The word 'destroyer' is not unkind.  For those insisting on a new order here admitted that it would vitiate the New Testament Church plan that the Philippine Mission had thus far followed so successfully.

    The 1914 commission proposed a comity agreement.  All the missionaries in the picture below opposed it.  The commission's chairman, however, by constant agitation and the appointment of liberal missionaries, after nine years, got the plan approved.

    He threatened to 'pull the purse strings' on missionaries opposing our cooperation in the Manila Union Seminary.  It was an order that had to be obeyed.  New Testament Christianity's defeat in the Philippines or a bitter conflict within the mission was inevitable.


    But the makers of the proposed new missions order were not wise enough to make haste slowly.  A few of the old defenders were still about, and helping hands were ready to reach across from the other side of the Pacific.  We are positively of the belief that the Lord took a hand in the matter.

    While the achievements of a full decade since the struggle of 1925 are indeed heartening, the work is still menaced from enemies within as well as from without.  Missionaries, Filipino brethren, and our supporters all must be admonished still to 'Watch ye, stand fast in the faith, quit you like men, be strong'.  Yet, we were never more thrilled than we are today at the possibilities before this Philippine mission.  The future is as bright as the promise of God.18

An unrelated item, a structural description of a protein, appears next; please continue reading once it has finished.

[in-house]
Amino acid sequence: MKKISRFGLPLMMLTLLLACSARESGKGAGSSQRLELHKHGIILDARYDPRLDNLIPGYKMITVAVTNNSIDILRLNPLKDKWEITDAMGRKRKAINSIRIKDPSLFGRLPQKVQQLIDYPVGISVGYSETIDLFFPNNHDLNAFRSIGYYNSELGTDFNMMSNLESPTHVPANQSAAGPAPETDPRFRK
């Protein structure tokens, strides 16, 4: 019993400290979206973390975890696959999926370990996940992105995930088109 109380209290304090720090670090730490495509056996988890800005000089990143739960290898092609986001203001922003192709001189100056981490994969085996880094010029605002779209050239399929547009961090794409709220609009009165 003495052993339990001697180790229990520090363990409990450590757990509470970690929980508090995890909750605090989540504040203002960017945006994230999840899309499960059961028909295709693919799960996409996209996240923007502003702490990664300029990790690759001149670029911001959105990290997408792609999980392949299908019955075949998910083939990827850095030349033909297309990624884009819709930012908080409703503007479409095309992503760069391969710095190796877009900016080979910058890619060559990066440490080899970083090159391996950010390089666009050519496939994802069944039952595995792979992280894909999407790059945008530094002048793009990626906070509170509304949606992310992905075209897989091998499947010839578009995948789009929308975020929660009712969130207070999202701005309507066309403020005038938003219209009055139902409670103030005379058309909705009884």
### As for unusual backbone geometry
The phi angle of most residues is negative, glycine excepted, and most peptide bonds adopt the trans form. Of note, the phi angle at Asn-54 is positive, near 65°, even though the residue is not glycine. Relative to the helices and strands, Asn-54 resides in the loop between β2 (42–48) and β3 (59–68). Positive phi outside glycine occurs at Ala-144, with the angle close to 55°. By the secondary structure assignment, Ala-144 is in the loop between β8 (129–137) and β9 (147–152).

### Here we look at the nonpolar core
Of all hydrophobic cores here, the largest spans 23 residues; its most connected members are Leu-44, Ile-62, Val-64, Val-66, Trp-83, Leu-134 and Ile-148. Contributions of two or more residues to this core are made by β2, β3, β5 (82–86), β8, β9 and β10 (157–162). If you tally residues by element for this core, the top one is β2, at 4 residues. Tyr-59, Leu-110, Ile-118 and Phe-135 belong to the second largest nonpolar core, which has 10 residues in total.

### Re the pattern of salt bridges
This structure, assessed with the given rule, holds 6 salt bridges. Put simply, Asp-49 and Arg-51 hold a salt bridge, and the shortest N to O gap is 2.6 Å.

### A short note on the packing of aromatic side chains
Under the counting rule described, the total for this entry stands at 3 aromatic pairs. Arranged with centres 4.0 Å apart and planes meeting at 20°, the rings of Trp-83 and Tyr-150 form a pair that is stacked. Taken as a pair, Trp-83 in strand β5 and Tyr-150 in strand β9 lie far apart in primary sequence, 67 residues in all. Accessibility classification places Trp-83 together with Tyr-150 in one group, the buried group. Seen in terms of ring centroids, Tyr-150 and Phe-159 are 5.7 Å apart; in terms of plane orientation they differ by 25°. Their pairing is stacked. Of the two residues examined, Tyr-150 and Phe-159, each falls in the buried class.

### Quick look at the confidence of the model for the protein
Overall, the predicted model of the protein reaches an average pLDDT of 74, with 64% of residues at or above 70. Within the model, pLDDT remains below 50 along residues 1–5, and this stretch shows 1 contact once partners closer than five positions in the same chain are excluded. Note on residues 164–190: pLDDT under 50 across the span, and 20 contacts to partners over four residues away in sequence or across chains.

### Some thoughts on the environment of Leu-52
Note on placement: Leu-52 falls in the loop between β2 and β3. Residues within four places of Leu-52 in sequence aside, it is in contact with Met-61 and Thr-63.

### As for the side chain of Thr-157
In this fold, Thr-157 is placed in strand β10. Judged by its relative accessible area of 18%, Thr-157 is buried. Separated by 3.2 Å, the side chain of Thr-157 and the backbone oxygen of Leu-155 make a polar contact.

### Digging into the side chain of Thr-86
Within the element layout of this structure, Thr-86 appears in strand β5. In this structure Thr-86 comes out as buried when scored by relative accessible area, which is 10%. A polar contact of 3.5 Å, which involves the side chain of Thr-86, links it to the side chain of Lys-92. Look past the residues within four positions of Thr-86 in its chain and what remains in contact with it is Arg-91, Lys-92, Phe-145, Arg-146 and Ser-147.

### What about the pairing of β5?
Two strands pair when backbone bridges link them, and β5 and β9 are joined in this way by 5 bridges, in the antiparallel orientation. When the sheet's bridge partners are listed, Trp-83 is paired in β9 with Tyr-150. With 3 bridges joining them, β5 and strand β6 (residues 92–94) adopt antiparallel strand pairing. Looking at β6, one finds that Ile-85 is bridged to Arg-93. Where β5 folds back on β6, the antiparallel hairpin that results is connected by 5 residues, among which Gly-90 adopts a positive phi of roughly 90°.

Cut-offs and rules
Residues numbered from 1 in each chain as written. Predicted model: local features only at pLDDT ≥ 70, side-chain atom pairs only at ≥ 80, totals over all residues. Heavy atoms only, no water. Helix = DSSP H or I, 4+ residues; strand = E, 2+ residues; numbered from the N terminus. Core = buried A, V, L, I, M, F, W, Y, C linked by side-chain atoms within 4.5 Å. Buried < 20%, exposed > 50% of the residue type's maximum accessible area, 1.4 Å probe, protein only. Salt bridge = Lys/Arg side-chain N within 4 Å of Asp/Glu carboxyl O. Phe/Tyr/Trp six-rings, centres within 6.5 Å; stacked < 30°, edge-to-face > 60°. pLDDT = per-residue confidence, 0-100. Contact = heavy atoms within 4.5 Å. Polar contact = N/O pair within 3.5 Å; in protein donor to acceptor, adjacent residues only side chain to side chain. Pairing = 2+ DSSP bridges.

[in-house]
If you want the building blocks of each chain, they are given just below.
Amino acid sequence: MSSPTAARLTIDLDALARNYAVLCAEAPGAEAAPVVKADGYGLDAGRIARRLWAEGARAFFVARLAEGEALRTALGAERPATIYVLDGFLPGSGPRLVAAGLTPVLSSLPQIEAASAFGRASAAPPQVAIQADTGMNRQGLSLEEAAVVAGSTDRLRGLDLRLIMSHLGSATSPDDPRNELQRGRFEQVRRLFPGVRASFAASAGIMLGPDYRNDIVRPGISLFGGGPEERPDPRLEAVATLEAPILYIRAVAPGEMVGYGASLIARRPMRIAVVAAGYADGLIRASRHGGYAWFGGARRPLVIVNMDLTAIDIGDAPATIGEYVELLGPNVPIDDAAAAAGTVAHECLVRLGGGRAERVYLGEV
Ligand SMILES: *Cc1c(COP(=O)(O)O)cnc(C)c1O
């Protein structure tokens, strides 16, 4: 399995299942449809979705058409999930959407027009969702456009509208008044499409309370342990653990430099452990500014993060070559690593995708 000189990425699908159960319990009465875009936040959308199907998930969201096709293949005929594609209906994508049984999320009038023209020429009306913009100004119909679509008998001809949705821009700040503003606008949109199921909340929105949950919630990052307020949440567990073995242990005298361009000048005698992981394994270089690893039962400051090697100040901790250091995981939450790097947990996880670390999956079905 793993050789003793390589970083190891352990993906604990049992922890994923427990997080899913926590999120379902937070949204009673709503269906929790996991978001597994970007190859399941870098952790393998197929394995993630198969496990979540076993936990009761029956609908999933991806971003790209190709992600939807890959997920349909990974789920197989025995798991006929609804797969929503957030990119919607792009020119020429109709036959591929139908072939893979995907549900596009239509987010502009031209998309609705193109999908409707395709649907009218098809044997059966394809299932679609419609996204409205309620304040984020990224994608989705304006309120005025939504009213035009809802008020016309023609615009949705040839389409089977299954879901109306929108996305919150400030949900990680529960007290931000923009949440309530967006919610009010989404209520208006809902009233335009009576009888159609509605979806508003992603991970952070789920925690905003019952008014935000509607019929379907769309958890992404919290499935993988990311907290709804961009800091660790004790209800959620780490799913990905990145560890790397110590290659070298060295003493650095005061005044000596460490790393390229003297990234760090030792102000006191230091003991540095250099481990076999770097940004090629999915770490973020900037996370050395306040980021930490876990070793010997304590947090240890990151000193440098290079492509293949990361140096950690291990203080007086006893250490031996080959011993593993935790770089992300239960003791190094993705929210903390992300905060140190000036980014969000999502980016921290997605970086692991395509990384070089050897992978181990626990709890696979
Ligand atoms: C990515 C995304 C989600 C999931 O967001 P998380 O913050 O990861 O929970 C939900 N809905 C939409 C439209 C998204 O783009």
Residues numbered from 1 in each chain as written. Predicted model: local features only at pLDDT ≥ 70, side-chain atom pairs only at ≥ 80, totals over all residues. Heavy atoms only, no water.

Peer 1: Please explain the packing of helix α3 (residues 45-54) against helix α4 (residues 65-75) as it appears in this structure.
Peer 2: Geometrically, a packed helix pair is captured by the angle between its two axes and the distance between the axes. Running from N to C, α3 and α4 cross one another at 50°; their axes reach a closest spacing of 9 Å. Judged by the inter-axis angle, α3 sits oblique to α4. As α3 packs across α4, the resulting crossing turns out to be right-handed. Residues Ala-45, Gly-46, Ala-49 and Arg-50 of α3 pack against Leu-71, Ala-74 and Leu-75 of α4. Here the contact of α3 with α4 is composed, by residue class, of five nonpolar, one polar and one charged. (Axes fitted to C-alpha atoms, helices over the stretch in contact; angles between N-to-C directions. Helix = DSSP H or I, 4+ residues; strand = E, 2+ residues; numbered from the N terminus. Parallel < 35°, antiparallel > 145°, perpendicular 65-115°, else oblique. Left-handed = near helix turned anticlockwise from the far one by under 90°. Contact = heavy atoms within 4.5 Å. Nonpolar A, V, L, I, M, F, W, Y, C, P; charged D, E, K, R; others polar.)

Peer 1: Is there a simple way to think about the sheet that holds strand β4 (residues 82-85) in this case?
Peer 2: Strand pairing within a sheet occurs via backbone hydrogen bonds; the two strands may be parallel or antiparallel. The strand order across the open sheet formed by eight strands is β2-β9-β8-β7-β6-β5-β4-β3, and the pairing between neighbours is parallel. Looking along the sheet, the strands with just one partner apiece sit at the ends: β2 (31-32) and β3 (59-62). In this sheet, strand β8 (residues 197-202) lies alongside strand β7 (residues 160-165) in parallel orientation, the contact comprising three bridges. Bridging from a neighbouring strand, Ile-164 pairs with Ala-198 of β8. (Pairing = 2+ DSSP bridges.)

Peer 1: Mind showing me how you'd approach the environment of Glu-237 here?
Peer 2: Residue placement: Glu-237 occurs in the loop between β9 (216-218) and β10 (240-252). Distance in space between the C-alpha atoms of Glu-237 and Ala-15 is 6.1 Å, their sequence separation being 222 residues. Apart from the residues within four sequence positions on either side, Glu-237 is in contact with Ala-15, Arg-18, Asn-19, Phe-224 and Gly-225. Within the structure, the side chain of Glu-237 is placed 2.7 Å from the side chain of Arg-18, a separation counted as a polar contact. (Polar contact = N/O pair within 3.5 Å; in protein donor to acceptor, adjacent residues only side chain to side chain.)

Thus it can be seen that Leslie Wolfe left behind him abundant evidence concerning his opposition to the comity agreements.  As the first decade of his labors as an independent missionary were heartening, surely the last eighteen years have added additional honor to these heroes who have stood for the faith.  May his watchword continue to be the watchword of all who profess the name of Jesus Christ: "Watch ye, stand fast in the faith, quit you like men, be strong".

1.  Stephen J. Corey, Fifty Years of Attack and Controversy, pp. 109-111.
2.  Letter written by Mrs. Carrie A. Wolfe, January 26, 1951.
3.  Stephen J. Corey, op. cit., p. 110.
4.  Leslie Wolfe, The Touchstone, Sept. 1926, p.6.
5.  Stephen J. Corey, op. cit., p.112.
6.  Ibid., p.57.
7.  Ibid., p. 222.
8.  W. H. Hanna, World Call, Feb.1923, p.53.
9.  Leslie Wolfe, Restoration Herald, September, 1941, p.4, quoted by Mark G. Maxey, History of the Philippine Mission, note 33.
10.  The Touchstone, October, 1926, p.7.
11.  Robert E. and Eleanor Wolfe Hanson, History of the Philippine Mission
Churches of Christ, Mimeographed edition, p.3.  Philippine Mission Churches of Christ, Box 2774, Manila Philippines. Printed edition, Standard Publishing Company.
12.  Robert E. and Eleanor Wolfe Hanson, op. cit., p.4.
13.  The Touchstone, July 1926, p.8.
14.  A. G. Saunders, The Touchstone, November, 1926, p.6.
15.  Dr. Lemmon, The Touchstone, June, 1926, p.1.
16.  A. G. Saunders, The Touchstone, April, 1926, p.2.
17.  Orvllle T. Rodman, Touchstone, April, 1926.
18.  Leslle Wolfe, Manila Christian, September, 1938.
Scanned:  Michael Riggs
Proofread:  Shelley Wozniak